Past to present
Dairy Road sits on Ngunnawal land, an area called Biyaligee. Across the limestone floodplain that is now called Canberra, fertile grasslands and forests were fed by freshwater streams and springs. Traditional Custodians hunted kangaroos, koalas, emus, possums, waterfowl, snakes, lizards and turtles; fished collaboratively; trapped frogs, fish and yabbies; and dug for yam daisies. Trees and plants were harvested to construct shelters, coolamons and canoes, to weave baskets and rope, and as insect repellent and healing ointments.
Since colonisation, Dairy Road has served many purposes – a dairy farm, a place of food production, for military training. An important part of its recent history is as a place of light industry – the production of small goods sold to the people who use them. Rather than following the seemingly worldwide trend of relegating such activity to the outskirts of a city, Molonglo sees the benefit of retaining light industry on site, now and in the future. This type of work supports a local economy and allows for experimentation, innovation and problem-solving.
Outdoor works have replaced asphalt and concrete and seen the perimeters and in between spaces of the central warehouses converted to gardens and public space.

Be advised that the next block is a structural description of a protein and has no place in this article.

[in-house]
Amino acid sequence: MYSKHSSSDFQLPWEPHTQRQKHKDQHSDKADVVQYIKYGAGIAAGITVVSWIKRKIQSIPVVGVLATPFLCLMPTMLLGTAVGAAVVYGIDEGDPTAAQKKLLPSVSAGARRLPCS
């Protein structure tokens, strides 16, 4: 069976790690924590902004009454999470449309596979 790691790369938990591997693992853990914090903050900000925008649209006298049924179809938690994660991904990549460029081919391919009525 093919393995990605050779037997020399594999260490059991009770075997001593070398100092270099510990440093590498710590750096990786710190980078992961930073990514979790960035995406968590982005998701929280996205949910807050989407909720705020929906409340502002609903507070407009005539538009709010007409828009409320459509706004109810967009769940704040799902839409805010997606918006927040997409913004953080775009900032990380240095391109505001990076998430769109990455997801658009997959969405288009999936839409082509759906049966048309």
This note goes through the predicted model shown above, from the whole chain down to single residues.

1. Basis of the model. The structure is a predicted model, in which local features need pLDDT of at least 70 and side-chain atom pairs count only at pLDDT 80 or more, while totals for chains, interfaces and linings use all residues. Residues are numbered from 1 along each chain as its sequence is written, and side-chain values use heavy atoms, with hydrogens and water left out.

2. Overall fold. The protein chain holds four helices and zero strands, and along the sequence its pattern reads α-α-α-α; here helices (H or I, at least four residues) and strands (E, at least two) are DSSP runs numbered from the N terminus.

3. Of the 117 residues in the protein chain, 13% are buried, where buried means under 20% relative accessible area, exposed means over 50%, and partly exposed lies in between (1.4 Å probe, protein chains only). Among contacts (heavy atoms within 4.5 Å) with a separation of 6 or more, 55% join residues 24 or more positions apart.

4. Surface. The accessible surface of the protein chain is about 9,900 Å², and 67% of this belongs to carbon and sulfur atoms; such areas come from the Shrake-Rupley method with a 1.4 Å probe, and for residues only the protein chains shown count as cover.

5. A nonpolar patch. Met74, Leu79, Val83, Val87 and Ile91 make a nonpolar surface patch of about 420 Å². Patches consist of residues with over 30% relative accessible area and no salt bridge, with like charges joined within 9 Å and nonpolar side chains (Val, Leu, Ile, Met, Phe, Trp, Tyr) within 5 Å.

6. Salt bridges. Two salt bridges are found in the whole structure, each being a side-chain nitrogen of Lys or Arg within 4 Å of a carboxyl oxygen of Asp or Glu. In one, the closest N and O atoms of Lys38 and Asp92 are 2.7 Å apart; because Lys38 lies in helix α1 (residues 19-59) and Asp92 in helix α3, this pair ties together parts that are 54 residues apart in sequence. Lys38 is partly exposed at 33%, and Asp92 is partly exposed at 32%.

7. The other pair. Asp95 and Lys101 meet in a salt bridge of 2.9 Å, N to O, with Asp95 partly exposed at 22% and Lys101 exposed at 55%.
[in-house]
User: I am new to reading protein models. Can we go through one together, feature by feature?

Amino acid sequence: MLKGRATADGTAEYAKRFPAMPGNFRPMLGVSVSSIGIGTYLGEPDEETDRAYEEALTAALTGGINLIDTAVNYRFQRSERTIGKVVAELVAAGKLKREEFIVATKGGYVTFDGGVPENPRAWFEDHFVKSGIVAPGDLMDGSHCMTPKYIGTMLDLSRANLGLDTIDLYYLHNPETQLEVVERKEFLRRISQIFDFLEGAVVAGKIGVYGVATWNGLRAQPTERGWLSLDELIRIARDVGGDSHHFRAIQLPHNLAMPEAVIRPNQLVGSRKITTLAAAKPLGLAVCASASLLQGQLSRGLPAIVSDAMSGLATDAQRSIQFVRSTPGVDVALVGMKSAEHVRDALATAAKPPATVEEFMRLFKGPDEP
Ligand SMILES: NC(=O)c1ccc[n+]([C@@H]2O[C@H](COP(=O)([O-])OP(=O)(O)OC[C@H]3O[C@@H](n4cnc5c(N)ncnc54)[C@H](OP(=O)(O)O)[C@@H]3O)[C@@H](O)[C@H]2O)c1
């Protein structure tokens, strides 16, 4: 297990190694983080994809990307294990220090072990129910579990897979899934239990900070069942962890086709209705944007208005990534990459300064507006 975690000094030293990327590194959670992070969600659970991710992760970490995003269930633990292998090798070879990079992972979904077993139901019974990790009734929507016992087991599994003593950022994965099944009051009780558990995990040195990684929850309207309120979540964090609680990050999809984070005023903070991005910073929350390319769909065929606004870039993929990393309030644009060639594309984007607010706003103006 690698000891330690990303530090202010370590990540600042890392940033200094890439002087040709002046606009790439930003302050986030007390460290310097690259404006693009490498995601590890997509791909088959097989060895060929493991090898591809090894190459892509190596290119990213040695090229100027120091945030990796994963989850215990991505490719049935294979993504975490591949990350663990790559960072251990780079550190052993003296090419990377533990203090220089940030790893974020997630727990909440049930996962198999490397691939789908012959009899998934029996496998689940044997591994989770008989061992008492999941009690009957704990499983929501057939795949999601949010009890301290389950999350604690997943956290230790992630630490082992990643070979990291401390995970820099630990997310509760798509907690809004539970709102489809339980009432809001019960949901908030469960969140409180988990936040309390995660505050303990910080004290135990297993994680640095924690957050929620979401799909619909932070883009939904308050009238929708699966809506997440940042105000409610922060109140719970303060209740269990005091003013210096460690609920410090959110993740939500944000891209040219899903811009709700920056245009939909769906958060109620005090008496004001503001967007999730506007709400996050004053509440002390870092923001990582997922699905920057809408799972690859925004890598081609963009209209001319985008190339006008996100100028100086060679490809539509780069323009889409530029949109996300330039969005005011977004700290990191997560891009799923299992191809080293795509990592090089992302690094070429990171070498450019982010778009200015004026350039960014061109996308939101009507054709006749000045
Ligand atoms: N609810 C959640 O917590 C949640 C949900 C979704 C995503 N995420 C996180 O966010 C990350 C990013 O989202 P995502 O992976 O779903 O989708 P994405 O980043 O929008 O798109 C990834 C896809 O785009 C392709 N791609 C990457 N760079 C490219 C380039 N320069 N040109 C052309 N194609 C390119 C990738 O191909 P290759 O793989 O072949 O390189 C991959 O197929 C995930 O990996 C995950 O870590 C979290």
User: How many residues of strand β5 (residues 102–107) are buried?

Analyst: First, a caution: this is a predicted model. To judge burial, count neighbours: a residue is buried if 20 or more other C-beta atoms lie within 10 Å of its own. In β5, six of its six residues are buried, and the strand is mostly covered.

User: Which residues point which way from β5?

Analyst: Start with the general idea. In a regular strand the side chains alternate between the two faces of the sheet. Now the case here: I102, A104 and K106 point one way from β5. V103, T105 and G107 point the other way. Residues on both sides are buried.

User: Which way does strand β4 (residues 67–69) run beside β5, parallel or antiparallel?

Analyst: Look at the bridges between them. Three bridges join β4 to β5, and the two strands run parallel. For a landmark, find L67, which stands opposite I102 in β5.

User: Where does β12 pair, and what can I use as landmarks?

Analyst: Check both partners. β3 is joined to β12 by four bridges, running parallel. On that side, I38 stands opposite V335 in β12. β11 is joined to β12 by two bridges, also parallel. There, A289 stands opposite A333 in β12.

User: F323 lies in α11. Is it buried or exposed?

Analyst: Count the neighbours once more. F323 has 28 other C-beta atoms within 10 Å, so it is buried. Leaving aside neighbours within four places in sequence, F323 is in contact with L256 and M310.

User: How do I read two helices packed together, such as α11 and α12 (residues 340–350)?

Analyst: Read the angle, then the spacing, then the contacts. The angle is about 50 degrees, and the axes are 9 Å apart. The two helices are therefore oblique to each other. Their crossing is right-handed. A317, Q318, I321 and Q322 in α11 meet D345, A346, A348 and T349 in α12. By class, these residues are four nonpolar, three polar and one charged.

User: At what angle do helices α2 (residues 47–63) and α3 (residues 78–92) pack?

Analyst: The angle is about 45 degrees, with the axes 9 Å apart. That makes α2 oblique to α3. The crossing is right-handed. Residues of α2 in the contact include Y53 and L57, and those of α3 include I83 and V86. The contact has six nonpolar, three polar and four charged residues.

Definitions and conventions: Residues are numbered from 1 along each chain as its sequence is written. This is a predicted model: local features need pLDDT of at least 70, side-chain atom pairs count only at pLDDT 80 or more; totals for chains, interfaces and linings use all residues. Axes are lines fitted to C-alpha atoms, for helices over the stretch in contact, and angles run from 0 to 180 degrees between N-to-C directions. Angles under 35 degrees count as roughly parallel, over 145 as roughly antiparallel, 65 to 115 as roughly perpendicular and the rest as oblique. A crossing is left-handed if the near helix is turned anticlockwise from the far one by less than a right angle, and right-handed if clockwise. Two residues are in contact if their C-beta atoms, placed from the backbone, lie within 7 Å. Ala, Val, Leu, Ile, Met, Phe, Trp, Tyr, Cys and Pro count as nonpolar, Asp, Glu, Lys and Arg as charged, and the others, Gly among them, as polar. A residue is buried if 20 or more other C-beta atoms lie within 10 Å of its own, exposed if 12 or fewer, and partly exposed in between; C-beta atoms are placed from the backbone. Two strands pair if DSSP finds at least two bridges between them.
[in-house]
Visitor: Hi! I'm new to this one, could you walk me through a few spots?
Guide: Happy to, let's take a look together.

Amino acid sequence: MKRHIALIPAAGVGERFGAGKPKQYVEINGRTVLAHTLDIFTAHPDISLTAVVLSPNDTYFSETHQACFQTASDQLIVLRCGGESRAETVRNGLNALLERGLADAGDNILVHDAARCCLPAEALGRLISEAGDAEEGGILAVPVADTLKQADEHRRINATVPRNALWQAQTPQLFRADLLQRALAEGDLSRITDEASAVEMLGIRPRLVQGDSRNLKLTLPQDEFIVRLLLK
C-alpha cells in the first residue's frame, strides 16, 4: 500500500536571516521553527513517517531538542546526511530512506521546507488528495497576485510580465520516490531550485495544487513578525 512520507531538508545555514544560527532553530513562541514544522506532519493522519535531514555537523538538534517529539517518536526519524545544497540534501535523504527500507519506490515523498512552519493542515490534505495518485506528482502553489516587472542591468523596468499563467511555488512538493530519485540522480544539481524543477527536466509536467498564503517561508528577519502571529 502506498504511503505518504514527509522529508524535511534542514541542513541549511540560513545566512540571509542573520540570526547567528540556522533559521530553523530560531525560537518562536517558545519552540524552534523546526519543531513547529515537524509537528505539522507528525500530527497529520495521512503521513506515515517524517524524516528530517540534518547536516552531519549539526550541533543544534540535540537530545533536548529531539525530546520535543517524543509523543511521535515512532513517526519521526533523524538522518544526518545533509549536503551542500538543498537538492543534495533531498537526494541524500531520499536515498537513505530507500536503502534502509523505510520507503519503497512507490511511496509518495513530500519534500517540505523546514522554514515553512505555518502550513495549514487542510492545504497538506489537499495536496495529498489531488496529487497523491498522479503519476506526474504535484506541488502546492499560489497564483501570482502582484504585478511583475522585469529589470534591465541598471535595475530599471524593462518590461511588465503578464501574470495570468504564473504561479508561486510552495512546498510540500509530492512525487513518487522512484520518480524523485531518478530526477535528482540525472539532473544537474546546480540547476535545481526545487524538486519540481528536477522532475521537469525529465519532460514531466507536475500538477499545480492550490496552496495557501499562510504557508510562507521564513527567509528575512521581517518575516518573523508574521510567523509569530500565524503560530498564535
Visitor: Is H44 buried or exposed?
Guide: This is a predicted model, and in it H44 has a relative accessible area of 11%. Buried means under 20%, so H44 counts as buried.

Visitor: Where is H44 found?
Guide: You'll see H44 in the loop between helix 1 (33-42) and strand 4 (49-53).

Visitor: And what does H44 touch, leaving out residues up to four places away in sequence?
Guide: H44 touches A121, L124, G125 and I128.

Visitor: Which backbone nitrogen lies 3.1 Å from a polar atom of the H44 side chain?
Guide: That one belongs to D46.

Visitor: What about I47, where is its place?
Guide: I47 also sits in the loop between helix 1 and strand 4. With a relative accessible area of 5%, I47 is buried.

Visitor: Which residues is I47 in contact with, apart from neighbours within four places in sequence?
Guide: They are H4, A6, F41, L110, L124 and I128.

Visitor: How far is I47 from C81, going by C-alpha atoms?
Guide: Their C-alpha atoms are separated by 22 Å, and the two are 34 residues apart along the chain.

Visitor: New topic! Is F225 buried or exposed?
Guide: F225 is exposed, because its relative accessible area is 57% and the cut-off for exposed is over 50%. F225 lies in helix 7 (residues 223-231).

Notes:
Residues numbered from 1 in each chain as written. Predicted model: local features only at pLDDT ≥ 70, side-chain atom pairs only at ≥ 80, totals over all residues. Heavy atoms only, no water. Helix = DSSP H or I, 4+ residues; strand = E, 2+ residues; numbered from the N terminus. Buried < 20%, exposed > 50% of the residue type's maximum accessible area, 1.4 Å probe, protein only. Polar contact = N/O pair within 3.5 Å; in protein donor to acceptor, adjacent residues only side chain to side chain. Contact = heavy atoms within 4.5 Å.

At the tip of these gardens sits LESS, a public artwork and place designed by Chilean art and architecture studio Pezo von Ellrichshausen. LESS consists of 36 concrete pillars and a circular ramp that leads up to a square viewing platform. It is a public space but its exact usage is undefined. It is hoped that it will change the social landscape at Dairy Road by welcoming tenants and visitors to activate it as they see fit.
In 2021, Dairy Road was rezoned by the ACT Government, expanding on its current industrial activity and allowing for commercial, light industrial, residential, creative and cultural activity. Since the rezoning approval, Molonglo has begun work on the masterplan for the site collaborating with a team of internationally renowned architects. The masterplan will be realised over the next 10 years, fostering the emergence of an intentional and caring community.